Having a plan to make your money situation better is the key to your success. Sticking to it will give you a sense of confidence that will propel you forward. You see, a major issue with most of us is that we don’t see things through. Self-doubt has us thinking nothing will work, so why try. This leads to major procrastination. Why don’t we stick to plans and procrastinate? It is because we don’t see results right away. If you go to the gym every day this week your body will look the exact same by week’s end. In fact, you will probably be in a lot of pain as well. The same is true for your money. If you spend less this week, avoid temptation, and even save a little money, the results will be somewhat underwhelming. Your account might have a little more money in it, big deal. Do it for a month and now you will see some progress. Do it for 3 and now the muscles/savings start to show. Do it for a year and your life will be changed. The thing is, failure is not the biggest problem when you start down a path. There are only two options when you try bettering your life. You either succeed, or you learn something. Both are valuable. When you don’t try something to better your life there are two other options. Doubt and depression. Even if you think it won’t work, keep trying. No one ever lost money by not spending it. No one ever got fat by going to the gym. Your persistence will pay off.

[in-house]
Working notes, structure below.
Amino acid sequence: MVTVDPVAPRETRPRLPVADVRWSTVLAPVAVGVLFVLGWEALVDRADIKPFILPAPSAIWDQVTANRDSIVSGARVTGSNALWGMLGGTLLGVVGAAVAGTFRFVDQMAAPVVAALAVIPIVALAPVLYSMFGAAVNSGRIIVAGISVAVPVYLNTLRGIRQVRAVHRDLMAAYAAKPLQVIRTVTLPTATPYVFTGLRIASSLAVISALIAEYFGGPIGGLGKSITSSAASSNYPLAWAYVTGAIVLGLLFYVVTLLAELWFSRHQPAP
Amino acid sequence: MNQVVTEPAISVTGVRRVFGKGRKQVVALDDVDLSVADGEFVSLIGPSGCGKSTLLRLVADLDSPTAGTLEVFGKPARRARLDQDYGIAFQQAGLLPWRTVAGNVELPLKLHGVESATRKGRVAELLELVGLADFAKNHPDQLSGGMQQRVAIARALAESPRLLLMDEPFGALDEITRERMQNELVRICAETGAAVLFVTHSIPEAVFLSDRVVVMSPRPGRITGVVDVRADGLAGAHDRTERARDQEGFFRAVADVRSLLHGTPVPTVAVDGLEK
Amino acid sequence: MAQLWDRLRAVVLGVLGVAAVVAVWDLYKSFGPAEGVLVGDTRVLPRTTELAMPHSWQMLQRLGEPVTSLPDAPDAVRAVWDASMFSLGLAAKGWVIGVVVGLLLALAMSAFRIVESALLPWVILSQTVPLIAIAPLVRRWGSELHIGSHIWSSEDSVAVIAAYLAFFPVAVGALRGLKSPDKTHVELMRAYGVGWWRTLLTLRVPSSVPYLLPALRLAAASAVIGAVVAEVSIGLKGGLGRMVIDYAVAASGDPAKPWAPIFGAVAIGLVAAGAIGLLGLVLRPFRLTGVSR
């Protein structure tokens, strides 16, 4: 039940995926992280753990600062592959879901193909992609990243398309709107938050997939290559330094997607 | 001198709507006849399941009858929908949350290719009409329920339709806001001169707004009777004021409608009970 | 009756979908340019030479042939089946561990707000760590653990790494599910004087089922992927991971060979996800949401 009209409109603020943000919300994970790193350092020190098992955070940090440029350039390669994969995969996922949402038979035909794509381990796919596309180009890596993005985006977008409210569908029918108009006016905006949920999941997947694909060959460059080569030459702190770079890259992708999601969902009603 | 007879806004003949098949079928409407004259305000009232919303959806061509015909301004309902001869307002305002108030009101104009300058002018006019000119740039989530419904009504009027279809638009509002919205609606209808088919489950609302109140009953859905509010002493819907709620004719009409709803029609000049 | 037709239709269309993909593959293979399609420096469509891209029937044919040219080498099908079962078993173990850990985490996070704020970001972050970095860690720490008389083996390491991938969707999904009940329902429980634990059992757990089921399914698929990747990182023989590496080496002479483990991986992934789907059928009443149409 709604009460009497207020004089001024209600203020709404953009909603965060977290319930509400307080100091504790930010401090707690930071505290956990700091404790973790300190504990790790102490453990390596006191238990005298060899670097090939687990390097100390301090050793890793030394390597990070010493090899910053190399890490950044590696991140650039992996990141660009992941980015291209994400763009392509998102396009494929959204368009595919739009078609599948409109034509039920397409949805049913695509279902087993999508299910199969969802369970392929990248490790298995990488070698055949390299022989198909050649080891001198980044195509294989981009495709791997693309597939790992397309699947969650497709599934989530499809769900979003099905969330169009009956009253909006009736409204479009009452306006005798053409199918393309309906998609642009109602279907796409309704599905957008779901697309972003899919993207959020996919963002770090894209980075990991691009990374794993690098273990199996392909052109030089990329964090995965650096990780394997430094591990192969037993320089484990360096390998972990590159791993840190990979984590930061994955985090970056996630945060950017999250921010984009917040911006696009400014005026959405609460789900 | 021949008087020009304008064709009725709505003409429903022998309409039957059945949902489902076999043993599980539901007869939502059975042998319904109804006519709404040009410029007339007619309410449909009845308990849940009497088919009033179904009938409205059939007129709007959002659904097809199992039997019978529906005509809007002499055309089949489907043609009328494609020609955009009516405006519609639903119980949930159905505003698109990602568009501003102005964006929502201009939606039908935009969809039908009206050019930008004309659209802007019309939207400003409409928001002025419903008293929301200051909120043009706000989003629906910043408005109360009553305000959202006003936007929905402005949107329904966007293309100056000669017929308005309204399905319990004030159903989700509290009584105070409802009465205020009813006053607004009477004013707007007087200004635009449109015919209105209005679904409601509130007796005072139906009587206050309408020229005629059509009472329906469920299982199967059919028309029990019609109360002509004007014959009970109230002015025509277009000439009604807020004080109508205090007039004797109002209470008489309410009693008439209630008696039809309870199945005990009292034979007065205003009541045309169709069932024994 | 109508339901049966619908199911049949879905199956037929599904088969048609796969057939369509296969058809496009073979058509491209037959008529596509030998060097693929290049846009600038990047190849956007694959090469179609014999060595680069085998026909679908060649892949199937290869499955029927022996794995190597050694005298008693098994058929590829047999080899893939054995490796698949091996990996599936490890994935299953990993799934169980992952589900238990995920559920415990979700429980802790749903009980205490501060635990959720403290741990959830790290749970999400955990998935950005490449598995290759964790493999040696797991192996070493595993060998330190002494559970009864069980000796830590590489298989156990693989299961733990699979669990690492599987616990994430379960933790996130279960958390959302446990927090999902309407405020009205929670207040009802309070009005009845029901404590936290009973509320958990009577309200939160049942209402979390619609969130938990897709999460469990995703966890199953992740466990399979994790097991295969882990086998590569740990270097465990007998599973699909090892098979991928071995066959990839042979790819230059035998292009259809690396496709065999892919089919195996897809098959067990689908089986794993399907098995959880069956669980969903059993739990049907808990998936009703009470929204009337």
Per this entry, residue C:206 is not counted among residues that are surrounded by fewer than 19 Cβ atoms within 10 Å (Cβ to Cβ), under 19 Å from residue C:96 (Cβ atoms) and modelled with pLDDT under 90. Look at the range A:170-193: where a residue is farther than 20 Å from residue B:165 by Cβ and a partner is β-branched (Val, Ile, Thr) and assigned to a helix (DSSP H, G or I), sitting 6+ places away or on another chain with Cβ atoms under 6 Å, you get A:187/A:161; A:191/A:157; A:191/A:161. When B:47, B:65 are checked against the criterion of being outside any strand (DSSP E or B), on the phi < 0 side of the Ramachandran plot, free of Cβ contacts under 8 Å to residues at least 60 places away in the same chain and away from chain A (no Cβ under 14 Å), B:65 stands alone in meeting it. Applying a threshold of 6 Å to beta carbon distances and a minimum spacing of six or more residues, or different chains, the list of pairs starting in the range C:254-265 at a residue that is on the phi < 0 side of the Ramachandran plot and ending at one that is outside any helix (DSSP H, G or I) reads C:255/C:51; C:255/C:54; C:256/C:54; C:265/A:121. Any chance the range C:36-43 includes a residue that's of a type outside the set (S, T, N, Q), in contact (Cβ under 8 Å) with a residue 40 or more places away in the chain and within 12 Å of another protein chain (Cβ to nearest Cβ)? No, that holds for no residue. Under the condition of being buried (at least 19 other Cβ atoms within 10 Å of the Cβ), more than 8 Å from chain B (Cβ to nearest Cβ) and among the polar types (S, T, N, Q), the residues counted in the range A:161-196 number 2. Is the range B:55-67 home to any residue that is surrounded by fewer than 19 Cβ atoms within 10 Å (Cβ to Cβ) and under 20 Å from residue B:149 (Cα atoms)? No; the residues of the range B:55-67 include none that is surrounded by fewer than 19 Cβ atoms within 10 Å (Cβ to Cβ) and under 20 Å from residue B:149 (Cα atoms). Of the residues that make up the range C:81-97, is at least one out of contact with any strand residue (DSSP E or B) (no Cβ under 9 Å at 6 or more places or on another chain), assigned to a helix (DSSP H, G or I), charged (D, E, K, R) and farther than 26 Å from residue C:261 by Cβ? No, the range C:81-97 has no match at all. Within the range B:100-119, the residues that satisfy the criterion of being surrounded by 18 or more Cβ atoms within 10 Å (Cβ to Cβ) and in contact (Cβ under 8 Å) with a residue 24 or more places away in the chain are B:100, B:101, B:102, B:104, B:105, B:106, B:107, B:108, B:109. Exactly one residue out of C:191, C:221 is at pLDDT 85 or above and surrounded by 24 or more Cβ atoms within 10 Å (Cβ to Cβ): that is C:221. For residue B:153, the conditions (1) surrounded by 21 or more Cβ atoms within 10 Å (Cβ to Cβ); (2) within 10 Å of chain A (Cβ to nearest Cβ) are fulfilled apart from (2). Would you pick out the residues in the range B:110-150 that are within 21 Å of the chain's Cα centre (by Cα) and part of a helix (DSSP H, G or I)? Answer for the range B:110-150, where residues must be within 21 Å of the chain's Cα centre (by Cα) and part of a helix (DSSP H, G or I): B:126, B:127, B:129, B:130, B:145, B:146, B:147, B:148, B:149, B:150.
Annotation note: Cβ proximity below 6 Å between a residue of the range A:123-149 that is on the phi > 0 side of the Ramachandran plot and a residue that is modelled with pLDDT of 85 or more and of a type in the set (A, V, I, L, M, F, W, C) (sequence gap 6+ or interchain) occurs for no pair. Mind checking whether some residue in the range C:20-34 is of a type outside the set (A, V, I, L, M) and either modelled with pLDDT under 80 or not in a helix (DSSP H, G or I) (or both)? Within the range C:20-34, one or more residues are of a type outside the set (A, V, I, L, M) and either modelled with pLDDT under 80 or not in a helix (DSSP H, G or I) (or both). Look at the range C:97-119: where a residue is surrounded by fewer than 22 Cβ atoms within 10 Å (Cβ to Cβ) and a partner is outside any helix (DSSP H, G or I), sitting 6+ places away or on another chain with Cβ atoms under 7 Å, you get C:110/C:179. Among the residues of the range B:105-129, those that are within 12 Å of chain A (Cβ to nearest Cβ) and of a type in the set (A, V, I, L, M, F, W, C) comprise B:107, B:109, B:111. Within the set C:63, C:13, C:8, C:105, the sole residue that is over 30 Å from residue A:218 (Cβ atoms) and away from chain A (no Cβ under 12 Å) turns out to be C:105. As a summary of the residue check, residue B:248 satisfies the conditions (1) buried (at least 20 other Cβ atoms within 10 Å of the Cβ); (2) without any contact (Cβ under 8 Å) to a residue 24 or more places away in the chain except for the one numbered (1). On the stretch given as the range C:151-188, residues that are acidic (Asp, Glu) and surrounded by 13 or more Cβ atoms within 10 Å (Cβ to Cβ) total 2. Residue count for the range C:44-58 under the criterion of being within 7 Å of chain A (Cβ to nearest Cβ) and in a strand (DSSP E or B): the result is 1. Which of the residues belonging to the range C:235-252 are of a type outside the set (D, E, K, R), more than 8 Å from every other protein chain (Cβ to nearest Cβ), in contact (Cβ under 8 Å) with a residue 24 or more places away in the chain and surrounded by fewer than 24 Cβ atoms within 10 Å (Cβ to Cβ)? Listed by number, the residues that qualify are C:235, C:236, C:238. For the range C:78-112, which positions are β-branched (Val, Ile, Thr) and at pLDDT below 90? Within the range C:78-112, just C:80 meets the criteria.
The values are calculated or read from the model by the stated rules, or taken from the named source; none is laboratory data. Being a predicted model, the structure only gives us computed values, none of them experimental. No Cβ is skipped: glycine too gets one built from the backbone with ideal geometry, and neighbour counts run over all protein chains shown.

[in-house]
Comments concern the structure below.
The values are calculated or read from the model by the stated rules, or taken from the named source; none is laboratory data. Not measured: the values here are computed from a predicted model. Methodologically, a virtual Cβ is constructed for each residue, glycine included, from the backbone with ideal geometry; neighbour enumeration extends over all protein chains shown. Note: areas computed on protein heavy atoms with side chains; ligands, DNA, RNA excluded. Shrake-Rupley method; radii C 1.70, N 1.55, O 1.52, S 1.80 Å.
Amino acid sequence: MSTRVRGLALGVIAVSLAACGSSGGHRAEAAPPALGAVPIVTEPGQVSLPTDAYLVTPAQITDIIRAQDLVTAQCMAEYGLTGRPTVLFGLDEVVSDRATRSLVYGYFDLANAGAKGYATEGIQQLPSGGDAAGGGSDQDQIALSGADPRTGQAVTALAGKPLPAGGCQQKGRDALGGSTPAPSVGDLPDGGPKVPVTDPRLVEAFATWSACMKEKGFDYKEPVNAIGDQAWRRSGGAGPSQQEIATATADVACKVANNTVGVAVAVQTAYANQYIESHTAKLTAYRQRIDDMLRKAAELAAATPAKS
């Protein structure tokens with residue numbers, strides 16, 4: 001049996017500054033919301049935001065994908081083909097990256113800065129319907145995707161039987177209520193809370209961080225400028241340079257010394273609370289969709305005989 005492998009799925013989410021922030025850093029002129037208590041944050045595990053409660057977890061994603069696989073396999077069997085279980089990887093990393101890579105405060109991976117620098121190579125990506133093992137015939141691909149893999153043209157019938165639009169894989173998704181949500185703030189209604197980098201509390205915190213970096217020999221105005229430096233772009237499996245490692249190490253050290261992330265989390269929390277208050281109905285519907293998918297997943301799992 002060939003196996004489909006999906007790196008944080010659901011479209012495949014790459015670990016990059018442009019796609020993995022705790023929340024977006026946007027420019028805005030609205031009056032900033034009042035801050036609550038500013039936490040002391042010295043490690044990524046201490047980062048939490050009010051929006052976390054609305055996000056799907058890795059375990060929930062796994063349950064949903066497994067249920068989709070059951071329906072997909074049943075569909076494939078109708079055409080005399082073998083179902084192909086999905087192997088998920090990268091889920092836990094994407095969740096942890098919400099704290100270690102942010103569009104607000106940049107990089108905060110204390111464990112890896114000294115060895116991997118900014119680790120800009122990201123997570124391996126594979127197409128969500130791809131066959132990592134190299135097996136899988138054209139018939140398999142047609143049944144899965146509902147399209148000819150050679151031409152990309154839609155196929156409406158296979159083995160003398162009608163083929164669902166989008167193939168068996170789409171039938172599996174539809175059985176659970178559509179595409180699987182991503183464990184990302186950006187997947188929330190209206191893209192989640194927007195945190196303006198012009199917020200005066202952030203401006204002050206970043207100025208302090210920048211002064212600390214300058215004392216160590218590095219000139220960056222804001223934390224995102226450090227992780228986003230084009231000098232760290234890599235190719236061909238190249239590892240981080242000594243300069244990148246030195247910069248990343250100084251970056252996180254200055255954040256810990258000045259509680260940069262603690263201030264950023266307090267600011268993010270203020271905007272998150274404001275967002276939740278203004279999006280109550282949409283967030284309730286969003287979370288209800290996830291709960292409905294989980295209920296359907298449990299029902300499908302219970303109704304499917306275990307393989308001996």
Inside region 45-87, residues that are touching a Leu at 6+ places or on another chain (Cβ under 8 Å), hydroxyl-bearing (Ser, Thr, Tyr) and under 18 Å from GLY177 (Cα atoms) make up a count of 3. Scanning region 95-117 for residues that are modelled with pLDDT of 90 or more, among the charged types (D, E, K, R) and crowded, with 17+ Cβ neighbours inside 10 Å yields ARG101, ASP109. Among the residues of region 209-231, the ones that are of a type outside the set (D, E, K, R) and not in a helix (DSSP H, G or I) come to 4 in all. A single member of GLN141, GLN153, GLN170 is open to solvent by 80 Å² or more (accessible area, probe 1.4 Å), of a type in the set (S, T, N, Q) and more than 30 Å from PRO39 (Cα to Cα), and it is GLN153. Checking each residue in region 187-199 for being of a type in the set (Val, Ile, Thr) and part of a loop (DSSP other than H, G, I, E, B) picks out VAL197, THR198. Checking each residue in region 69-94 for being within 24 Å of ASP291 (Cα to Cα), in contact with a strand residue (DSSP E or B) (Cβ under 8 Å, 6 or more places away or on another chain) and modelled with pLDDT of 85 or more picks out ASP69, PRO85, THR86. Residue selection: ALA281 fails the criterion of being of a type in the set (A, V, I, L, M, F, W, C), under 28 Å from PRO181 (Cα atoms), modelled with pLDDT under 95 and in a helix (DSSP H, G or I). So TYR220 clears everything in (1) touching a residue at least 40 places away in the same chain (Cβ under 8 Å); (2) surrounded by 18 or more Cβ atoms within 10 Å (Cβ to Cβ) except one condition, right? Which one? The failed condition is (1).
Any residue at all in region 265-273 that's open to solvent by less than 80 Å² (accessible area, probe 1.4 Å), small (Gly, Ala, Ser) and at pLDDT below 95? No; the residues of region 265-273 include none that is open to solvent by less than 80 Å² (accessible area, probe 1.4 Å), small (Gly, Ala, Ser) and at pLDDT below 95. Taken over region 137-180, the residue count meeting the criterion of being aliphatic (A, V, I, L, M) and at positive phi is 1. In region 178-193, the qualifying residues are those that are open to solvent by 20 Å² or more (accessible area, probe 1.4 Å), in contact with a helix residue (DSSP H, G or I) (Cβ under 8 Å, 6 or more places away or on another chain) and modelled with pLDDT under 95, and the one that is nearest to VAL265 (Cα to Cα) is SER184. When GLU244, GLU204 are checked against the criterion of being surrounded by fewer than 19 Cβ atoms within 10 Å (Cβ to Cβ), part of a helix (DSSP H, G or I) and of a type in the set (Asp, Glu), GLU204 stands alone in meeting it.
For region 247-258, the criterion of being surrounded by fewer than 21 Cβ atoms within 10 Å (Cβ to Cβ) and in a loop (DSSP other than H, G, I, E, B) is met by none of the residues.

New Year, New Me…. Yeah, sure – Budget Boss

 

Money depression is real. It affects us all and we have to take the steps to crush our financial anxiety. The key is to make wise decisions, even if they seem small. Those small ones add up to big progress over time and that will give you the ability to leave money depression in the past, for good.

“Depression is the inability to construct a future.” – Rollo May
Financial Advisor

Your Retirement Checklist, at Any Age

Email – joe@budgetboss.ca